Wednesday, February 21, 2024

Scripting History on the Wrong Page


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By Banlam K Lyngdoh

If politics is a game then it is like any other game. Rules of the game are clearly spelled out and one has to abide by them. But more important than respect for and obedience to rules is the acceptance and practice of a set of unsaid norms and principles that are intrinsic to the spirit of the game. One of them is, “Respect your opponent,” because he is not your enemy. He is playing the same game you are in and you are defined by his presence. Another unsaid norm is “Don’t beat your opponent when he is down.” Doing so amounts to trickery and viciousness and even if you win you win alone and your victory doesn’t taste so sweet as you would want it to be.

True victory is when your opponent is persuaded of your better combating skills and especially of your fairness in the process by which he is defeated. Like in soccer you don’t capitalize on a free-kick you’re awarded when you see that a player of the other team has somehow got himself injured. So when you kick the ball you either send it outside the boundary so that the other team gets a ‘throw’ or you simply kick it respectfully somewhere near any player of the other team. In other words, you think it below you not to care. You think the game lasts only one and a half hours and those ninety minutes should not make a selfish animal out of you even if you desperately need to win. You respect the bond more than the game itself.

It is indeed sad that a seasoned politician and leader of the State did not grasp this simple equation of the game. It will be tragically sad if he had recognized it but nonchalantly had chosen to sidestep it for the sake of power and more power. I said “tragically” because in classical terms that is the fate of a tragic hero. A tragic hero is brilliant (even noble in his bearings), authoritative, confident in his own machinations, admired by all and sundry. Even the gods are jealous and envious of him. But he has a flaw and it is a terrible flaw. Hubris blinds him of the bare facts surrounding him. Blinded by pride and ambition he overdoes and overstretches trampling beneath his mighty feet all cautionary whispers of wisdom and reason, shoving aside with his furious sword all feelings of family, friendship and cordial bonds forged in the past. Only the future matters to a tragic hero. The past he crushes for it threatens to incapacitate him some way or the other.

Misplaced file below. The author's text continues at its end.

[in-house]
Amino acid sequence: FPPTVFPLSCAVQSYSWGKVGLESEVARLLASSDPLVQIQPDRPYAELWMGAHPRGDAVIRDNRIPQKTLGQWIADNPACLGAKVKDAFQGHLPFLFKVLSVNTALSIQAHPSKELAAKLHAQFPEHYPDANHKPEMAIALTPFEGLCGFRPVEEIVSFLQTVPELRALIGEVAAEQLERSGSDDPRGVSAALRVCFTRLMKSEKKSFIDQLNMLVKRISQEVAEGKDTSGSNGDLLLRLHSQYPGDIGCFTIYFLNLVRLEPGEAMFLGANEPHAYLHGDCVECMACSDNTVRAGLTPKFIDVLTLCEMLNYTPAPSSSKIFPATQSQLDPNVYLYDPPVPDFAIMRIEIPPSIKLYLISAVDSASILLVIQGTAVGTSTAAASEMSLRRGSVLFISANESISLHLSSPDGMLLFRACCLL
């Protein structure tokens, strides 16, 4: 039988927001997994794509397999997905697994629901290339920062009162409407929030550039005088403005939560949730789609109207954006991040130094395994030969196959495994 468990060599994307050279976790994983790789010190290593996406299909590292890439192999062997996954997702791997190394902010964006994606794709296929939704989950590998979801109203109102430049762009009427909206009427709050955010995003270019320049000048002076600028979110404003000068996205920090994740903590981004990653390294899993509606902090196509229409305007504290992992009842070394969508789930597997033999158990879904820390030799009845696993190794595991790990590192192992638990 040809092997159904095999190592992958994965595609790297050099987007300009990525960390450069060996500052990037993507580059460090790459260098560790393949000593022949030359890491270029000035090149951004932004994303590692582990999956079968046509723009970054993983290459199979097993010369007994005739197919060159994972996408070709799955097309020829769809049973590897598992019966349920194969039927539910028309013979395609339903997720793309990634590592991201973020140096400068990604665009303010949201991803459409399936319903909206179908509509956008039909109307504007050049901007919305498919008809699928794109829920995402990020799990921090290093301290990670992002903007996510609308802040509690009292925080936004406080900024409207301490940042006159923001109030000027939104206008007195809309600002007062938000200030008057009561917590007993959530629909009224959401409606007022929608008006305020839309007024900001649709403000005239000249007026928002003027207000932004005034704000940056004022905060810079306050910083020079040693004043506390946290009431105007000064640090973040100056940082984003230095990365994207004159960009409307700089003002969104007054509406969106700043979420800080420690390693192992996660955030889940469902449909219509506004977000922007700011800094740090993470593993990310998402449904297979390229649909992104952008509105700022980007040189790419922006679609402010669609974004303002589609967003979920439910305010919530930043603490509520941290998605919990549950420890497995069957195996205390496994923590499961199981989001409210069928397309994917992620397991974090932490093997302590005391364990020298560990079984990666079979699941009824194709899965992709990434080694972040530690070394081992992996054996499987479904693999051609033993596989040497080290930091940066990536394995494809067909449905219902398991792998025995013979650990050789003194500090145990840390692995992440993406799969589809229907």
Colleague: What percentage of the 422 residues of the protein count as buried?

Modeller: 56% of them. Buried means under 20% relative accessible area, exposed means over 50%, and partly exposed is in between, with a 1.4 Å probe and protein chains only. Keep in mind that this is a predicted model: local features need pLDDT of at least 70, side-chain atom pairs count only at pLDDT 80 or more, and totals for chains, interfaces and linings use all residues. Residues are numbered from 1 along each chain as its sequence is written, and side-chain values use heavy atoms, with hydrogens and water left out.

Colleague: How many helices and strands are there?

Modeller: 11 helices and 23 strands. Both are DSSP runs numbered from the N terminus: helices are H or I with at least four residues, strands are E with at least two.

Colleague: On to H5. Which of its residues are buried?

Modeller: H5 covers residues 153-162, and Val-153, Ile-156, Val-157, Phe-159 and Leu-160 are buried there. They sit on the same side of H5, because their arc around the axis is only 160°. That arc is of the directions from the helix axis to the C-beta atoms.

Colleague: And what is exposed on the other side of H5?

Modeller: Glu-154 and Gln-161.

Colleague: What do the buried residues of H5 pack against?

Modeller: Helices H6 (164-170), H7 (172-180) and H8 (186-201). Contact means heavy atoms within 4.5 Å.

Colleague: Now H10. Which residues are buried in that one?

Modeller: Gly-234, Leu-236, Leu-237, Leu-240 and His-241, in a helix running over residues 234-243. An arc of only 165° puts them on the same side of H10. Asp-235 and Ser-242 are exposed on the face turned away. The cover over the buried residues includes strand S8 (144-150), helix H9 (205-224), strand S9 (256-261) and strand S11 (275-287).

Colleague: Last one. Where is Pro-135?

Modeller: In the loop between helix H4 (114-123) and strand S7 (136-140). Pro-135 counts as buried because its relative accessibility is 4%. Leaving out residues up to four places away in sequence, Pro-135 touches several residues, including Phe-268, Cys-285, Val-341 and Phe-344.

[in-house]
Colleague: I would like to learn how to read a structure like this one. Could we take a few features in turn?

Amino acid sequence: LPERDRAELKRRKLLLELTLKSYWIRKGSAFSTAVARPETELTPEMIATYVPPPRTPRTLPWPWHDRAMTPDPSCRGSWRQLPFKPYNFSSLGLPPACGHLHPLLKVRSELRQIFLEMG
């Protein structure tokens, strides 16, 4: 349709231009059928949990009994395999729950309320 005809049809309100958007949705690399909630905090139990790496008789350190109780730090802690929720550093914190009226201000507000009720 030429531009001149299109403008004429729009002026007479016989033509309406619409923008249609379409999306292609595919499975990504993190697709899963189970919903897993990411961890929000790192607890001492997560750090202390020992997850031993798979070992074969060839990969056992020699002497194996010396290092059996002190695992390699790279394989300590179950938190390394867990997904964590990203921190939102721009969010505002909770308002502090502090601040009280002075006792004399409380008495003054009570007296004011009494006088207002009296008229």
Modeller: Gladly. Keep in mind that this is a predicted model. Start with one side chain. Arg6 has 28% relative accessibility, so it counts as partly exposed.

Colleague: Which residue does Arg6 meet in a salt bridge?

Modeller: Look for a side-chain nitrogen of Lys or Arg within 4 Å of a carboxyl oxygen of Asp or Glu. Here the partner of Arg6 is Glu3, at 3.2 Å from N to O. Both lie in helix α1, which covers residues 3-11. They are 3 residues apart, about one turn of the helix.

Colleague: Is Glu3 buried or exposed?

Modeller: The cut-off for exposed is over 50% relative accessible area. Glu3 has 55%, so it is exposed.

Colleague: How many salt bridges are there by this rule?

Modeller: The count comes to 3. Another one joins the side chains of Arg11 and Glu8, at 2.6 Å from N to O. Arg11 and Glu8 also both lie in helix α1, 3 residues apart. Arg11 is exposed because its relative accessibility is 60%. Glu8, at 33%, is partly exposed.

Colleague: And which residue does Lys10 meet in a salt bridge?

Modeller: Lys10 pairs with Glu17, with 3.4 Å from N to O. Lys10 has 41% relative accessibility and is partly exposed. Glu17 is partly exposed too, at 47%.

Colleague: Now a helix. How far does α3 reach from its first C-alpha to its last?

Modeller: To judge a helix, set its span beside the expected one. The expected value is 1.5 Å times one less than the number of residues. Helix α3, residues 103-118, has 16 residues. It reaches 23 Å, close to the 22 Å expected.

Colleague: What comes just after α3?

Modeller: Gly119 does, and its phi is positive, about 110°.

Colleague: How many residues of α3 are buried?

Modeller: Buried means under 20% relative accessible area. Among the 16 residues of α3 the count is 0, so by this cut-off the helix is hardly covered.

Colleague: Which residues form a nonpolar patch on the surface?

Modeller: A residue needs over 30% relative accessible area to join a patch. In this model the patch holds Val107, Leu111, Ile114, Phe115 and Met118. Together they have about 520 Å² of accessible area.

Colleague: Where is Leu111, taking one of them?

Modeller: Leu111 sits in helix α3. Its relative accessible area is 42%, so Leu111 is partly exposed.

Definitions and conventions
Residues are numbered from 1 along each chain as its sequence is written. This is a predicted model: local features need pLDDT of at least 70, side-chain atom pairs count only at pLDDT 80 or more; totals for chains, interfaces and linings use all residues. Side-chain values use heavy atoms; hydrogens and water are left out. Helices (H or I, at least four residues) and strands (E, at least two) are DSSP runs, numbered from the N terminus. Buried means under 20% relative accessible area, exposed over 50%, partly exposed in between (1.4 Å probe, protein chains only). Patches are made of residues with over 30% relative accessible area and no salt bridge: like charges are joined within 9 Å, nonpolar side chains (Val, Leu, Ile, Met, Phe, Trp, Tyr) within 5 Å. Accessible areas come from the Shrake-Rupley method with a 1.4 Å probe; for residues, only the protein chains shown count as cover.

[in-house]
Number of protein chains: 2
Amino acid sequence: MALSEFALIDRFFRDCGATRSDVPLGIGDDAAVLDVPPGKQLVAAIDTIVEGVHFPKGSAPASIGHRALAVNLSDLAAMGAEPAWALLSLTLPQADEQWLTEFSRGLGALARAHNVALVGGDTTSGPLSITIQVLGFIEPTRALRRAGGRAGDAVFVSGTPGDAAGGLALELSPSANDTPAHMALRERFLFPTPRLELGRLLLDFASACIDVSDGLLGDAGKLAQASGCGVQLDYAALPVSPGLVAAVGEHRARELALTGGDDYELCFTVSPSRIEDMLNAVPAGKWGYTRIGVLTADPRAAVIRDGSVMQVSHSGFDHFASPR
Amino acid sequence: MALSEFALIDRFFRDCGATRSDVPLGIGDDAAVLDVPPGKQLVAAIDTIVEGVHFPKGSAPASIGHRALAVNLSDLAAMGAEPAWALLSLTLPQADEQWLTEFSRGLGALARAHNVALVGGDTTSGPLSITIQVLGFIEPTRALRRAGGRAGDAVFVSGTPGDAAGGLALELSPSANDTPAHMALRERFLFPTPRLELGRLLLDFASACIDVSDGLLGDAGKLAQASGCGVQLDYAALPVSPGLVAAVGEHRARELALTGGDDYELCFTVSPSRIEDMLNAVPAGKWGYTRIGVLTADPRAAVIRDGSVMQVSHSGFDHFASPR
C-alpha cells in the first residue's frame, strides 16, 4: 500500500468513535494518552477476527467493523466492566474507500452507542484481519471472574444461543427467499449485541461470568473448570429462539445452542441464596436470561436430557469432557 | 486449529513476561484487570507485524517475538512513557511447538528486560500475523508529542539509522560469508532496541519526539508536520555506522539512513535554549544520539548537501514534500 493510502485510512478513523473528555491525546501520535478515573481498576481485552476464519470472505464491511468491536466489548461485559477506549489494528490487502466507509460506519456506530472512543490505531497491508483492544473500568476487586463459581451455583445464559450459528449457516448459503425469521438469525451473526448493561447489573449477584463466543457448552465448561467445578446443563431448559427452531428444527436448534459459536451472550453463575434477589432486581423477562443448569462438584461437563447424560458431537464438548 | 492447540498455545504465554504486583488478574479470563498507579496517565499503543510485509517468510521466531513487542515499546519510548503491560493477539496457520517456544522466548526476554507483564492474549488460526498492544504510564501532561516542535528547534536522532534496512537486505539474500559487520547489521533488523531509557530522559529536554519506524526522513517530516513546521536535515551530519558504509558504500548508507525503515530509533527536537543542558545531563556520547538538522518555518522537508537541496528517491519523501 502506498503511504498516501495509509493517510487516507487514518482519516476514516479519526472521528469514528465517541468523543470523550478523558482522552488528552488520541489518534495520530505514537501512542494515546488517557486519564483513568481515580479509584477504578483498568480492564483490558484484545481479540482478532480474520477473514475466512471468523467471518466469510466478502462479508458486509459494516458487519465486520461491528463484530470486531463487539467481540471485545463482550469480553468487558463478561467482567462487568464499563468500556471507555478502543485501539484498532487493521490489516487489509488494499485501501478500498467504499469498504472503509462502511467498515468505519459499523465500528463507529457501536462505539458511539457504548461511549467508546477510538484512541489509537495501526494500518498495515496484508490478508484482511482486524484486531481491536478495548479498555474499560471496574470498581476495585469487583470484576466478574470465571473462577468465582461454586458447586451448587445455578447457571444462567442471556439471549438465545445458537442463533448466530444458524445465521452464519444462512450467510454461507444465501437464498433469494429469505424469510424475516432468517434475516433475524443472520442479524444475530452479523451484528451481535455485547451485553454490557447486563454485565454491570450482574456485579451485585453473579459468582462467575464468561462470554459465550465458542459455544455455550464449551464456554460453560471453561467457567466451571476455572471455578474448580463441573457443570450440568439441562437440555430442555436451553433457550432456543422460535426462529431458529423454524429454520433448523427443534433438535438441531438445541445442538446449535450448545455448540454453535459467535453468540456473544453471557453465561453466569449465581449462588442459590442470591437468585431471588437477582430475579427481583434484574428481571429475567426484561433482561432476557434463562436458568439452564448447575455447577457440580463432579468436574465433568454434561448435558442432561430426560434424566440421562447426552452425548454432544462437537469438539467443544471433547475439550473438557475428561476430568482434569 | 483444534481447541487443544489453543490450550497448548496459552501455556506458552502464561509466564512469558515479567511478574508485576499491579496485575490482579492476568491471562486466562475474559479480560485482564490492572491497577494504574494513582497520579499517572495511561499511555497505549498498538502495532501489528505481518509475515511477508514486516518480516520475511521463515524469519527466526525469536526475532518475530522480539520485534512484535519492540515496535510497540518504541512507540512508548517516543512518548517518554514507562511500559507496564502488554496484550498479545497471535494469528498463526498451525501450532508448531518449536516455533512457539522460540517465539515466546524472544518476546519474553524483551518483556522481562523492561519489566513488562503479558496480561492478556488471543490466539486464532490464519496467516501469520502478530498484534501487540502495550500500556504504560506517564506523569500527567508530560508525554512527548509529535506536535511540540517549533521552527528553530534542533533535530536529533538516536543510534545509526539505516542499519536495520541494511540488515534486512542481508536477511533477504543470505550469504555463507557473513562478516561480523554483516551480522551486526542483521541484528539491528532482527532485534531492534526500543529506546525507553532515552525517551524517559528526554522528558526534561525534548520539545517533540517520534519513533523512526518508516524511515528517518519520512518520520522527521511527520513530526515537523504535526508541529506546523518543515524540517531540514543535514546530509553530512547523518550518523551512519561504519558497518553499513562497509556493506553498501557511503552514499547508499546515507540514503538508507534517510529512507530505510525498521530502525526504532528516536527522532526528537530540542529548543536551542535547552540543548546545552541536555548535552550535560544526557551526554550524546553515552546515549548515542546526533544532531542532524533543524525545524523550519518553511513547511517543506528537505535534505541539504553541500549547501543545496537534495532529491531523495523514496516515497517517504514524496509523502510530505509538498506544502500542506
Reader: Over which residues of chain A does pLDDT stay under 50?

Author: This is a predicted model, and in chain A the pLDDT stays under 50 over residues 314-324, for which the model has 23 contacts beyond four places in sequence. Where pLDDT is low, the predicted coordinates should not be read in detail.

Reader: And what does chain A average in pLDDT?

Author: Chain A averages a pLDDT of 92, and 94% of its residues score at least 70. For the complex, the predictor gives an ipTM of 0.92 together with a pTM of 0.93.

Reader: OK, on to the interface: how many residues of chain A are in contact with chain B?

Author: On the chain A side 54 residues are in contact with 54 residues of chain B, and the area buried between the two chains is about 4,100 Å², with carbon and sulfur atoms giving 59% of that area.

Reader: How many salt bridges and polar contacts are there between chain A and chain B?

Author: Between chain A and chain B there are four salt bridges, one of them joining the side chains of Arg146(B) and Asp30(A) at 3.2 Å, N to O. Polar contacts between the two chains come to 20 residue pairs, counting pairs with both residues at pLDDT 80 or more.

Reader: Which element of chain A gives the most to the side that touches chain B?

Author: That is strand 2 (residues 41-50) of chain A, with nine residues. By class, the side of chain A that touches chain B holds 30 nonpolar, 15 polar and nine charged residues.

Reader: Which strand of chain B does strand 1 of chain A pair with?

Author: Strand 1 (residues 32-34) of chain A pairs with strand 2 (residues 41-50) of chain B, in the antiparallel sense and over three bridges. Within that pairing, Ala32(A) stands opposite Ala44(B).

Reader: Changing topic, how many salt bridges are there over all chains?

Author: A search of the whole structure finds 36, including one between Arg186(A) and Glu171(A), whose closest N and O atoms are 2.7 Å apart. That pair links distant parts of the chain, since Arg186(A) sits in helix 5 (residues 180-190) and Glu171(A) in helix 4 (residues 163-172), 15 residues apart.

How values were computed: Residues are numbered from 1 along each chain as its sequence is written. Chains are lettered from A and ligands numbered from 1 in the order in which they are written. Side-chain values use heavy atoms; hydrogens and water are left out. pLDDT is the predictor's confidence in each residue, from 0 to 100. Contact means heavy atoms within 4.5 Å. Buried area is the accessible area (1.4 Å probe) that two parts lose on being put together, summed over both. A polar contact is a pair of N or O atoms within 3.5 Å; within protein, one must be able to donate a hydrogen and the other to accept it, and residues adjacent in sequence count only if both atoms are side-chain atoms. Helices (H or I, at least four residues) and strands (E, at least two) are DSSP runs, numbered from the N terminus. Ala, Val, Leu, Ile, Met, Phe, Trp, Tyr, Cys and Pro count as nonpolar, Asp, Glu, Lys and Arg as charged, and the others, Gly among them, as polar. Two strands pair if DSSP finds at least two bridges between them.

As long as we believe that politics is a game then we need to accept that like any other game it has its limits. Recognition of those limits strengthens the player as it moderates him and moderates as it strengthens. Appreciation of those limits makes a player realistic without losing sight of the sense of justice and decorum. To stand on a platform and announce one’s belief that in politics there is no mercy is to trample on every inch of justice that politics emanates from. It is to spell out the perception of politics in the obsolete context of kings and courts. To fight modern democratic elections with a mind to conquer and annihilate and to pronounce such intention out in the open is to comprehend and value politics only in its petty and shallow dimension of conquest and annexation and of imperialism. It all amounts to attempting at scripting history on the wrong page.

When you attempt to scribble history on a wrong page you become delusional. The three witches are always there at every shady junction to spur you on. They will invite you to behold what the future awaits for you in the cauldron of their concoctions. Then you will be convinced that your love for Rome is at all times greater than your love of Caesar or that Scotland is yours and yours alone. But you must also stop and think awhile. For surely, sometimes the impossible happens, and the Hill is on the move, as the witches foretold.

If politics is a game then likes any other game it truly has its glorious moments off-field. Magnanimity in politics rarely comes from scoring goals and winning laurels. It comes from sensitivity, from knowing when to fight, when to laugh together, when to cry together, when to let go and when to forgive.


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